Allergies to sulfonamides, also known as sulfa, are common. Sulfa drugs were the first successful treatment against bacterial infections in the 1930s. Today, sulfonamides are still used in antibiotics, as well as a host of other medications such as diuretics and anticonvulsants.  Nearly 3 percent of people are sensitive to sulfonamides. Because of the prevalence of sulfa allergies, doctors must use care when prescribing them to patients. Those with HIV/AIDS are at particular risk for sulfa sensitivity.

People often confuse sulfa with another compound that begins with letters “s-u-l-f.” Sulfites, which occur naturally in most wines—and are used as a preservative in other foods—are chemically unrelated to the similarly named medications. In fact, perhaps the only other thing sulfites and sulfas have in common besides their names are their ability to cause allergic reactions in large numbers of people. Sulfites are the ninth most common food allergen (behind milk, egg, peanuts, tree nuts, wheat, soy, fish, and shellfish).

Approximately 1 percent of people (mostly asthmatics) are sensitive to sulfites.

Sulfa Allergy Symptoms

Symptoms of an allergic reaction to sulfa include:

  • hives
  • swelling of the face, mouth, tongue, and throat
  • drop in blood pressure
  • anaphylaxis (a severe, life threatening reaction that requires immediate medical attention)

Very rarely, a patient may exhibit serum sickness-like reactions around 10 days after treatment with a sulfa drug begins. These symptoms include:

  • fever
  • skin eruptions
  • hives
  • drug-induced arthritis
  • swollen lymph nodes

Patients with the above symptoms should contact a healthcare provider immediately. 

Sulfite Allergy Symptoms

A person who is allergic to sulfites may experience the following symptoms:

  • headache
  • rash
  • swelling of the mouth and lips
  • wheezing or trouble breathing
  • asthma attack (in those with asthma)
  • anaphylaxis

People who experience more serious symptoms of a sulfite allergy should contact a healthcare provider. In the case of anaphylaxis, a person will require emergency medical attention.

Sulfa Medications to Avoid

The following medications should be avoided for those with allergies or sensitivities to sulfa:

  • antibiotic combination drugs such as trimethoprim-sulfamethoxazole (Septra, Bactrim) and erythromycin-sulfisoxazole
  • Crohn's disease, ulcerative colitis, and rheumatoid arthritis drug sulfasalazine (Azulfidine)
  • the leprosy drug Dapsone (also used to treat dermatitis and certain types of pneumonia)

Medications Containing Sulfa That May Be Safe

Not all drugs that contain sulfonamides cause reactions in all people. Many people with sulfa allergies and sensitivities may be able to safely take the following medications:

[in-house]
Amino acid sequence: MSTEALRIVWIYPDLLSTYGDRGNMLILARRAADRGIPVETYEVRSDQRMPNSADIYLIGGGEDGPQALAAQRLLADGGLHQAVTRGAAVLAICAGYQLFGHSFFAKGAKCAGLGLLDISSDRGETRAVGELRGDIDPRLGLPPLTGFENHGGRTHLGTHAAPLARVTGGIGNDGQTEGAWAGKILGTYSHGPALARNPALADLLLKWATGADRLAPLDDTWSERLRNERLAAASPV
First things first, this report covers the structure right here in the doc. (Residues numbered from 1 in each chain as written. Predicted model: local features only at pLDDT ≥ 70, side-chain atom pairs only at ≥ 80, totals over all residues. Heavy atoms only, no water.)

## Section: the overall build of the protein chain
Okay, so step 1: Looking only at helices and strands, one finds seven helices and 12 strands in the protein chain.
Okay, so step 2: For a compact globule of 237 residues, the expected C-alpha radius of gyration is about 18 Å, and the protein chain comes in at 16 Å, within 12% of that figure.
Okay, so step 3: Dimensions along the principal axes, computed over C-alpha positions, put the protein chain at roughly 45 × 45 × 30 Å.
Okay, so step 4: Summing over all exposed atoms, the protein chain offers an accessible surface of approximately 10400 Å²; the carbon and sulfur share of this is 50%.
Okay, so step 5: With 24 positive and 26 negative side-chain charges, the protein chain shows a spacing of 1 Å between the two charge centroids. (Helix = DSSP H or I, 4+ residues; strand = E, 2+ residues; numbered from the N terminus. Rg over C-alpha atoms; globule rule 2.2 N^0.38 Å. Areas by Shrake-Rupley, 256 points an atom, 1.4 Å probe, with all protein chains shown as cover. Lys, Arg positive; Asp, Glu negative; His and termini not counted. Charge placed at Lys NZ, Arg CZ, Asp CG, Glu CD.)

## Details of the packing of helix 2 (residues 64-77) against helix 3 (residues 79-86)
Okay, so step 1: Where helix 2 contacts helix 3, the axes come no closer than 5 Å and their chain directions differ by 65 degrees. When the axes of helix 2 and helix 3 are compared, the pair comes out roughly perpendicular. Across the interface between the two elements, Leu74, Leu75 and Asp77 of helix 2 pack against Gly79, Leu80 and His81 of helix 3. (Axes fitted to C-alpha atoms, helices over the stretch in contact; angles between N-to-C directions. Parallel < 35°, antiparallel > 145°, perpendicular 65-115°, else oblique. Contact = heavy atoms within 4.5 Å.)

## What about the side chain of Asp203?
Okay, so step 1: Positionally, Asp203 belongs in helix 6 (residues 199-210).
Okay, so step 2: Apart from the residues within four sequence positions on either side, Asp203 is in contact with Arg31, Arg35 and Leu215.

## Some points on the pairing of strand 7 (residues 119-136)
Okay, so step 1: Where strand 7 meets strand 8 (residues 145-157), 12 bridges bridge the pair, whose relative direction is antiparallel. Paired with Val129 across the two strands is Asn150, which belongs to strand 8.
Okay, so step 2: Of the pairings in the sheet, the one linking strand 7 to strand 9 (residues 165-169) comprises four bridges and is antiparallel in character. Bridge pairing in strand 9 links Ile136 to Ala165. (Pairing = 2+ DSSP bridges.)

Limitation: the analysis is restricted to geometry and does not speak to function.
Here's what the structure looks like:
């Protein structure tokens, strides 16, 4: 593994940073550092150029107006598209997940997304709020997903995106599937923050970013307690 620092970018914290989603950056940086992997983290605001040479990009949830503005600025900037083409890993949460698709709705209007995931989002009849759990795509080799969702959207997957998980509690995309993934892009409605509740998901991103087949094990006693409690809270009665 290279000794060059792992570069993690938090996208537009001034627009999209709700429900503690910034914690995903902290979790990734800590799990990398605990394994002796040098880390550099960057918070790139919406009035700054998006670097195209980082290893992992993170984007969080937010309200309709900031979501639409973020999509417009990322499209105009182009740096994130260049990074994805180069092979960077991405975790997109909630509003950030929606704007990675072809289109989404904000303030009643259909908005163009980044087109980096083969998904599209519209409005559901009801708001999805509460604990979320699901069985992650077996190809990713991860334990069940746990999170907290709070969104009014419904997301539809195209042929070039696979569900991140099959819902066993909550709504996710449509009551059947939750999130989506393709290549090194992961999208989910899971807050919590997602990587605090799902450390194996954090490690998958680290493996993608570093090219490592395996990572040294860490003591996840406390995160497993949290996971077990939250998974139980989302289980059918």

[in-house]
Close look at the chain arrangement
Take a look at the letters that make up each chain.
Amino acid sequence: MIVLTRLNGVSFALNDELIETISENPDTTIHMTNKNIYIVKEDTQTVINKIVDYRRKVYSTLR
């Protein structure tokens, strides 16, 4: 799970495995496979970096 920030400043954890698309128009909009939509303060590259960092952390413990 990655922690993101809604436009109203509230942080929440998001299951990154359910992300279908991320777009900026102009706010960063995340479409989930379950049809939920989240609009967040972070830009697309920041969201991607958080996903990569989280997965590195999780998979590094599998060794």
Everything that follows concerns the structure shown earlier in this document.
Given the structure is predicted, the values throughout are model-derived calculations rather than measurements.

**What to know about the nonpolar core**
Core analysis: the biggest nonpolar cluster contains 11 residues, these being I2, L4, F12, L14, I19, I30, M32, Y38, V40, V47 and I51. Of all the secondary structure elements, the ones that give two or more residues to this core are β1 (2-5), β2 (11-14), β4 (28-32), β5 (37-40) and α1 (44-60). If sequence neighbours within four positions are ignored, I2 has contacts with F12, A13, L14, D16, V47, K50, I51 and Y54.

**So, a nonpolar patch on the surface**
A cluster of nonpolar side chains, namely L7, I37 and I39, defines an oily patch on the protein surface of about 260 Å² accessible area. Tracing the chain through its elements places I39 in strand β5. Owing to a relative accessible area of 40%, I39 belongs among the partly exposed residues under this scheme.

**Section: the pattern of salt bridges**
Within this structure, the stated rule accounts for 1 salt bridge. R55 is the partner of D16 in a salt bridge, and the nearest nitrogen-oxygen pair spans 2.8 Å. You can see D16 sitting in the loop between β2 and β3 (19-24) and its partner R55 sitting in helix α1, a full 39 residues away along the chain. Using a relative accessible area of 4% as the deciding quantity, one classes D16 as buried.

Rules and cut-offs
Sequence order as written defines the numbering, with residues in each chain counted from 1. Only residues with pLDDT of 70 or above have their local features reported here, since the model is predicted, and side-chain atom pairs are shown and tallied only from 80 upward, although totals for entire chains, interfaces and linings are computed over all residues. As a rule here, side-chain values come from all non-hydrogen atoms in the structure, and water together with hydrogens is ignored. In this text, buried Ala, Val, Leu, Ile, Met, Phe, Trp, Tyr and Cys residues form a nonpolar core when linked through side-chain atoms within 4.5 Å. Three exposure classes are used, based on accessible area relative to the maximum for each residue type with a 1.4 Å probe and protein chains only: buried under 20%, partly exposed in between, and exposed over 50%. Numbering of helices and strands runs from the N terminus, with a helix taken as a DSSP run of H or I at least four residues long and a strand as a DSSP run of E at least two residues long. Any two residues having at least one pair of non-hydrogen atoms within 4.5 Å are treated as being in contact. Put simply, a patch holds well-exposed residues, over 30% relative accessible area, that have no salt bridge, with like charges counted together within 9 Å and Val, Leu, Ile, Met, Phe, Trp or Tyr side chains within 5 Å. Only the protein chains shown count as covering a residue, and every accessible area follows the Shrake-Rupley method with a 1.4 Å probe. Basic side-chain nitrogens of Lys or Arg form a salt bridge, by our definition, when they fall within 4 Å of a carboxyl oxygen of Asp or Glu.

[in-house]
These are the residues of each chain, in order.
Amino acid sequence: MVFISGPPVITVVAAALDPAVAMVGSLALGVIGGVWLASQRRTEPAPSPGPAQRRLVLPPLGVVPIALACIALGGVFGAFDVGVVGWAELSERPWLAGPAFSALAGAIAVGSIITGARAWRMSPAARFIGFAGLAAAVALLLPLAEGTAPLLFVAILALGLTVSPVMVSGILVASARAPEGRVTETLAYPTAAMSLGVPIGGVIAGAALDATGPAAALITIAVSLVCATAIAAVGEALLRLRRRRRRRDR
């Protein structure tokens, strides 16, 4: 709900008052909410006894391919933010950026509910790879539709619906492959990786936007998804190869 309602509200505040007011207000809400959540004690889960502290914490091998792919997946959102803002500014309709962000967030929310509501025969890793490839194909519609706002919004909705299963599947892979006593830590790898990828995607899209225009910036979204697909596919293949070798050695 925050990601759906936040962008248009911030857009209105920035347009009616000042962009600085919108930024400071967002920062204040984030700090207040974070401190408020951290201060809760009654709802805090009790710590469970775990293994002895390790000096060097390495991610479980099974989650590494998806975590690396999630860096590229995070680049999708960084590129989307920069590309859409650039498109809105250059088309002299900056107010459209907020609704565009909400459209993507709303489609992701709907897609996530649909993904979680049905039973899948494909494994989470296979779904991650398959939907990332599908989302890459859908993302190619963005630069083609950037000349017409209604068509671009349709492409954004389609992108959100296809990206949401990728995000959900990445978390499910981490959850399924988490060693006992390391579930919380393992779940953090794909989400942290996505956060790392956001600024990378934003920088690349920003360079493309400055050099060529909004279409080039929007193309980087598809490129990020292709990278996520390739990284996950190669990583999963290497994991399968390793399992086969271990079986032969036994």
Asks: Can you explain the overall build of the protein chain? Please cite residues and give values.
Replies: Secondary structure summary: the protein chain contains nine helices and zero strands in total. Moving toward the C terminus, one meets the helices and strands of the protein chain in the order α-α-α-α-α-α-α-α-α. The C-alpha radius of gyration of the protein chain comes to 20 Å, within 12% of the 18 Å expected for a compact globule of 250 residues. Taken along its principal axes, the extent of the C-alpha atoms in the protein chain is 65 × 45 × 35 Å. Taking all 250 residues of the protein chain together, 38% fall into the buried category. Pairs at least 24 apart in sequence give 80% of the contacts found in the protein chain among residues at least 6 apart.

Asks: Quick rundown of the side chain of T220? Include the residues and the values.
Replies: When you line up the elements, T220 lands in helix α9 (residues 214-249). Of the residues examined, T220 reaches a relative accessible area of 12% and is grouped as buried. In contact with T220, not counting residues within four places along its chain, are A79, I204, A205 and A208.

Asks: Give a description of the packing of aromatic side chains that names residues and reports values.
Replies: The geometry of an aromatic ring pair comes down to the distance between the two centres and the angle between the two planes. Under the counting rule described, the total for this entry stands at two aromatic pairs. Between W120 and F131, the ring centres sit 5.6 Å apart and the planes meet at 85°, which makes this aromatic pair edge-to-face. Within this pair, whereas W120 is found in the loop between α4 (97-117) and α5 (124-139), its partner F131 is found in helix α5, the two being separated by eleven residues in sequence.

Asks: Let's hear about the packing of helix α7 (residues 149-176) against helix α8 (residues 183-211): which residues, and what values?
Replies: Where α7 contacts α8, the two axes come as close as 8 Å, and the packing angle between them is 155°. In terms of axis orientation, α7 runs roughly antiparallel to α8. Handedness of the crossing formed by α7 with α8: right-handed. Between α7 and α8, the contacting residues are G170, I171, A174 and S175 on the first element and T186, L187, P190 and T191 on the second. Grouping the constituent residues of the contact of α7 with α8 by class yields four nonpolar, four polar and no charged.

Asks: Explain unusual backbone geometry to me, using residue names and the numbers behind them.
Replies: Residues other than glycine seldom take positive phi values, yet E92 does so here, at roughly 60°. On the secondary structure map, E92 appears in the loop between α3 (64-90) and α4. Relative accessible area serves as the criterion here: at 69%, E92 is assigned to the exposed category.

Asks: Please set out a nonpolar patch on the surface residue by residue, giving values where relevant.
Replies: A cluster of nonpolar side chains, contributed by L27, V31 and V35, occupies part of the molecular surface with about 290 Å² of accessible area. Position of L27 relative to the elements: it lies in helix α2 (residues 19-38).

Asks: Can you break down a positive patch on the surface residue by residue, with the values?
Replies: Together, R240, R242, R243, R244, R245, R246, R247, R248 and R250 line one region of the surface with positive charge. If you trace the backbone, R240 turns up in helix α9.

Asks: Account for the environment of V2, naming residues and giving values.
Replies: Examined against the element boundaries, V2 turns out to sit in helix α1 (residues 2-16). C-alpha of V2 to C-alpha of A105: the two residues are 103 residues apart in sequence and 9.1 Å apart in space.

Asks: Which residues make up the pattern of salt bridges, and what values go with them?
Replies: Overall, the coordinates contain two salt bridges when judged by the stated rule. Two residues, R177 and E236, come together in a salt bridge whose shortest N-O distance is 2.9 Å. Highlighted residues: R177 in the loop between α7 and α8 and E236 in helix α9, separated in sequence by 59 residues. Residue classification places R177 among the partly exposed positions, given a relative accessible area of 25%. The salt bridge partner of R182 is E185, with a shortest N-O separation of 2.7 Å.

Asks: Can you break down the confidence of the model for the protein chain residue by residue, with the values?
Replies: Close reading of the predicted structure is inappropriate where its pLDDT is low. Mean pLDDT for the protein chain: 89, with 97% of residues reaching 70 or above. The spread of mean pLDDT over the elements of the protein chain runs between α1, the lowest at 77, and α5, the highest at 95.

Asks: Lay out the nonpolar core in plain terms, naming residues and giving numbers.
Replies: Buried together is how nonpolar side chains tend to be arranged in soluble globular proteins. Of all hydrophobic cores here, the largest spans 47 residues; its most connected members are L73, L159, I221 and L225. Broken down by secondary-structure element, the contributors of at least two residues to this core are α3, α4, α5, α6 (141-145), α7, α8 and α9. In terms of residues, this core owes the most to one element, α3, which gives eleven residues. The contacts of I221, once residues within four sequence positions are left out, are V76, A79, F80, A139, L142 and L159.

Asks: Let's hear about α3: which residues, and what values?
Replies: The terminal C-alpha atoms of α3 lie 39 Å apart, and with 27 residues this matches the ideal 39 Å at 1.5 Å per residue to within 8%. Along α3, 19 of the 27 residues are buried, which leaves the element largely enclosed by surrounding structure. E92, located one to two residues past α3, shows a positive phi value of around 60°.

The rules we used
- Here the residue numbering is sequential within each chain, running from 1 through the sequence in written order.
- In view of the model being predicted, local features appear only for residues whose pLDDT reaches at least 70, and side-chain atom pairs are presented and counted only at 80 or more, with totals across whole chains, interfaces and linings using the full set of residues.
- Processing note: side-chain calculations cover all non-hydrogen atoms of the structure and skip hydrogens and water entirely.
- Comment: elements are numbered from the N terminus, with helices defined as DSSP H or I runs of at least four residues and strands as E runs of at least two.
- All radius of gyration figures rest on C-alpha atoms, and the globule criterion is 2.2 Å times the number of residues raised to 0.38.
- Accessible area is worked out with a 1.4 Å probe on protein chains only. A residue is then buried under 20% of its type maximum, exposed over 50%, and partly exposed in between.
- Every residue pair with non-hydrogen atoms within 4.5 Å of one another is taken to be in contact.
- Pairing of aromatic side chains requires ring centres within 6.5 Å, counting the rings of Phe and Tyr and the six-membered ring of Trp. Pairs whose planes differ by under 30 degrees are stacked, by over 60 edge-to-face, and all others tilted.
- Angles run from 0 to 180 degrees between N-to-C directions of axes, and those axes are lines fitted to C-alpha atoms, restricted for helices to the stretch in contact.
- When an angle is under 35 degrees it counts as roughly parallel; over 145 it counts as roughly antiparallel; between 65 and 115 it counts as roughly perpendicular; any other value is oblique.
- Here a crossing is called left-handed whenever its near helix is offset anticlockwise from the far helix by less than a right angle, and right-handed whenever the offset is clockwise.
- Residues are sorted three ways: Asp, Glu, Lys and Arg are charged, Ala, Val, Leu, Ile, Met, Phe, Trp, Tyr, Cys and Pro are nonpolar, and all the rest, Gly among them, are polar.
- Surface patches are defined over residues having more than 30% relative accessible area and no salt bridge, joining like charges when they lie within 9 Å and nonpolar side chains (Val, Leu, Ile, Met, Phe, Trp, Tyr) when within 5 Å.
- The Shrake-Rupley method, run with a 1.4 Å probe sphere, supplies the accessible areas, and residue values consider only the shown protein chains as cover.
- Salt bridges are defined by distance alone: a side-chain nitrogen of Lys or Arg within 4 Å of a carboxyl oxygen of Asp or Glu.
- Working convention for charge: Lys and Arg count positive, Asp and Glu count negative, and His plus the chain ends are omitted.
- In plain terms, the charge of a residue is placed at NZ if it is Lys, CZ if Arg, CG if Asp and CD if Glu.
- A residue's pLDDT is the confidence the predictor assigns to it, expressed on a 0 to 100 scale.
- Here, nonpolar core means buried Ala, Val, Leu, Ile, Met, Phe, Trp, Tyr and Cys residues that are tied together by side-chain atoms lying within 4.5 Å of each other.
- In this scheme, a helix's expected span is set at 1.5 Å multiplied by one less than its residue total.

• some diabetes medications including glyburide (Glynase, Diabeta) and glimepiride (Amaryl)
  • non-steroidal anti-inflammatory drugs such as celecoxib (Celebrex)
  • migraine medication sumatriptan (Imitrex, Sumavel, and Dosepro)
  • some diuretics including hydrochlorthiazide (Microzide) and furosemide (Lasix) 

Sulfite-containing Products to Avoid

It’s important to note that most groups aren’t sensitive to sulfites, except one—those with asthma. Asthma sufferers have between a 1 in 10 and 1 in 20 chance of having a reaction to sulfites.

Not only do sulfites occur naturally in wines during fermentation, but many winemakers add them to help the process along. For the past two decades, the U.S. Food and Drug Administration (FDA) has required winemakers to display the warning "contains sulfites" if levels exceed a certain threshold. Many companies voluntarily add the label to their products as well.

Individuals with sensitivities should avoid food products with sulfur dioxide, potassium bisulfate, potassium metabisulfite, sodium bisulfite, sodium metabisulfite, and sodium sulfite on the label. Sulfites are common in the following foods and ingredients:

  • alcoholic beverages including white and red wines and wine coolers
  • baked goods containing dried fruit and vegetables
  • beverage bases that include dried citrus fruit
  • condiments such as pickles, olives, horseradish, pickle and onion relishes, wine vinegar, and salad dressing mixes
  • cornstarch, modified food starches, spinach pasta, some gravies, hominy, certain breading, batters, and noodle and rice mixes.
  • dried fruit snacks including trail mixes and peanut butter or cheese filled crackers as well as maraschino cherries and glazed fruits
  • fish and shellfish such as fresh, frozen, canned or dried shrimp, dried cod, scallops, frozen lobster, and canned clams
  • fruit fillings, flavored and unflavored gelatin, and pectin gelling agents
  • fruit juices (canned, bottled, or frozen) including lemon, lime, grape, and apple
  • jams and jellies
  • shredded coconut
  • soups containing seafood or dried soup mixes
  • sugars including brown, powdered, raw, or white sugar derived from sugar beets
  • sweet sauces including anything with high-fructose corn syrup, maple syrup, and fruit toppings
  • teas that are either instant or made from liquid concentrates
  • any product containing potatoes and vegetables that are pickled or dried